As you can see, from the picture, the two figures are small and at the very bottom, with York on the right. The other one is of Humphrey, Duke of Gloucester. The Duke of York’s chin certainly doesn’t recede, but nor is it particularly protruding. He is very definitely blond, too. Was his hairline receding? It’s certainly far back, but then so is that of Humphrey, Duke of Gloucester. Or did the men of that period take to shaving their forehead as did the women? And if his calves and ankles were really like this, he must have turned heads!

But is he tall? It’s impossible to tell, but that said, so much is always made of Richard III being small that I can’t imagine there wouldn’t be similar mentions of his father being the same.

So I think the Duke of York was perhaps taller than his youngest son . . . although whether or not he was as tall as his eldest, Edward IV, 6’ 4”, is another matter! I also think he was probably a good-looking man, because although we don’t know what his second son, Edmund of Rutland, looked like, we do know about Edward IV and Richard III. They were both good looking, albeit in very different ways.

So, all in all, I conclude that the 3rd Duke of York was like his son Richard, although maybe taller and with fairer hair. But it’s just my opinion and can’t be taken for fact.

To read about the appearance of other members of the family, go to this article and this one.


  1. Wonderful post, viscountessw! Thank you for posting my request. I just want to add a few more points. Re: height, apparently they unearthed Humphrey Duke of Gloucester and his skeleton was described as robust and over 6 ft tall. Since York is represented with a similar figure I think its not too far fetched to assume they had similar builds. Although it is totally possible that it is just for the sake of symmetry.

    More interestingly something I learned recently was that apparently Richard of Conisbrough’s skeleton had been discovered some Victorian workers and he was described as a giant with his head between his knees (interesting since John Holland was apparently tall when Edmund of Langley was relatively short). There is also a portrait of Richard Earl of Cambridge from 1411 in M.S Harleian 5805. Unfortunately I have not been able to find the original source but there are two engraving/drawings of it. One shows Anne Mortimer too! I am not sure how faithful these artists are but he seems blonde.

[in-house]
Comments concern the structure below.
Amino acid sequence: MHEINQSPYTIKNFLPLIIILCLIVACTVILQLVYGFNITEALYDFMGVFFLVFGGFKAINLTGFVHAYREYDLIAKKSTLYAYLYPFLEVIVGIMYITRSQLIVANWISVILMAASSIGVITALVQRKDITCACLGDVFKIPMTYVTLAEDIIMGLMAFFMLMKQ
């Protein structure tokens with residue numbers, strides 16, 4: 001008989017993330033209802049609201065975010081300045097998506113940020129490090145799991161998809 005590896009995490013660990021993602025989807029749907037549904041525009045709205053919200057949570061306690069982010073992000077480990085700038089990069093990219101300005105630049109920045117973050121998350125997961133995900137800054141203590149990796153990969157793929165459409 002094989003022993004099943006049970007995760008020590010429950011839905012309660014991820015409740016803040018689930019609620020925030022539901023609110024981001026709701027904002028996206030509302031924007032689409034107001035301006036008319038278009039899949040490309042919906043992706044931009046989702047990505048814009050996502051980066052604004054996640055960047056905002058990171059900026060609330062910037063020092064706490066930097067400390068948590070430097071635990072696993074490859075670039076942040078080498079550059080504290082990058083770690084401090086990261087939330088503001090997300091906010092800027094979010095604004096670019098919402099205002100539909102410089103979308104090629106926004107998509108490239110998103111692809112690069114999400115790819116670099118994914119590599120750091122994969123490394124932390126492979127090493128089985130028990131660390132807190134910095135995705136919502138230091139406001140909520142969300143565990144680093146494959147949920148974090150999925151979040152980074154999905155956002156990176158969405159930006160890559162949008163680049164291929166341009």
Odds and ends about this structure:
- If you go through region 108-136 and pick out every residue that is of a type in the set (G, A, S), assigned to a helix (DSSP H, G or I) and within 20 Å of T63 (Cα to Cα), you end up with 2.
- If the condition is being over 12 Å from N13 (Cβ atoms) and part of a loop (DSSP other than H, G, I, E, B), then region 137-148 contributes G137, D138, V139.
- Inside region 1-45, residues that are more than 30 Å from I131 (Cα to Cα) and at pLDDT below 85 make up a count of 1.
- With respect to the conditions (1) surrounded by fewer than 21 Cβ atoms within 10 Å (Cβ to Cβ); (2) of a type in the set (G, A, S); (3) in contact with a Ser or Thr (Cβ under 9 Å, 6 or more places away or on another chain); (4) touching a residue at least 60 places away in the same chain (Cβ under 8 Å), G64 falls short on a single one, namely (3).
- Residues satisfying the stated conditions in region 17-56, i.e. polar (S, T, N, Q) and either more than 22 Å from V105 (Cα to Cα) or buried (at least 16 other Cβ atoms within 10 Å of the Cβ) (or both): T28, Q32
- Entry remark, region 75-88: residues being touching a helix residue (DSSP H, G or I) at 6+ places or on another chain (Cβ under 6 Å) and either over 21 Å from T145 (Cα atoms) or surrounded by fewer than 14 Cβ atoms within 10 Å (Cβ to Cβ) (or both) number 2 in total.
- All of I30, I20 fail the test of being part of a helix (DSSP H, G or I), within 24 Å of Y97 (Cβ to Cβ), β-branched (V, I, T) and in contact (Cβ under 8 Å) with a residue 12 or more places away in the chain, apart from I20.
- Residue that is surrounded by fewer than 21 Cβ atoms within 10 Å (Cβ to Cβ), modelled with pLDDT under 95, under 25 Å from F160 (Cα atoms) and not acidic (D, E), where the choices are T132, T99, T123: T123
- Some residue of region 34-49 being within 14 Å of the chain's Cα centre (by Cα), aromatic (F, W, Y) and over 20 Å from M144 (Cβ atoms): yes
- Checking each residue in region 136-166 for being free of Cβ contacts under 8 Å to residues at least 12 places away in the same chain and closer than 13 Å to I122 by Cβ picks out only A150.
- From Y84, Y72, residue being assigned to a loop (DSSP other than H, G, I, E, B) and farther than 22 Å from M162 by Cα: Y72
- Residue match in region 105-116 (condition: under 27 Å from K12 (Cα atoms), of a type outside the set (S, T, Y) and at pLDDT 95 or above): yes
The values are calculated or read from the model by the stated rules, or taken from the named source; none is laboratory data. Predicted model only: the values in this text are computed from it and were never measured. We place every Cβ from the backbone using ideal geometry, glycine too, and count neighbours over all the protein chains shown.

Sorry for going off. Richard Duke of York is my favorite and I have been really intrigued by theories about his appearance. Thank you again for doing the post!! I really enjoyed it.

    Liked by 1 person

  2. It would really be hard to say, often in N. European people they can be blond, red, black (I have Finnish relatives with black hair and blue eyes), blond-red, brown-red, dark brown, etc because they carry all of these genes. I think Richard himself would have been light in coloring during childhood and darker as he grew up given his genetic profile. Perhaps his father was the similar. This is similar to my own hair color which can appear very blond in the summer and dark brown in winter. I do not color my hair. I even have strands of near black and red and have much darker brows, I am brown-eyed. My daughter is white-blond and has crystalline blue eyes and her father is a redhead with green eyes.

    I think the most accurate picture of Richard was the one of him with a reddish background. His hair is definitely a brown but with highlights in it.

    Also I think tall and short genes were throughout the Plantagenet lines. It is impossible to say who someone’s father (or mother) is depending on height. In my own family, I am the shortest at 4ft10 and built with a very small frame (most my height actually have larger bones) we have to go back a few generations to find someone built like me. Yet I have a brother who is 6ft4 and a sister 5ft7.

    Liked by 2 people

  3. I seem to remember reading that in Medieval times if a person managed to avoid having smallpox scars on their face they were said to have a “fair” complexion. Later, of course, “fair” came to mean either pale skin, blonde hair, or both.

    Liked by 1 person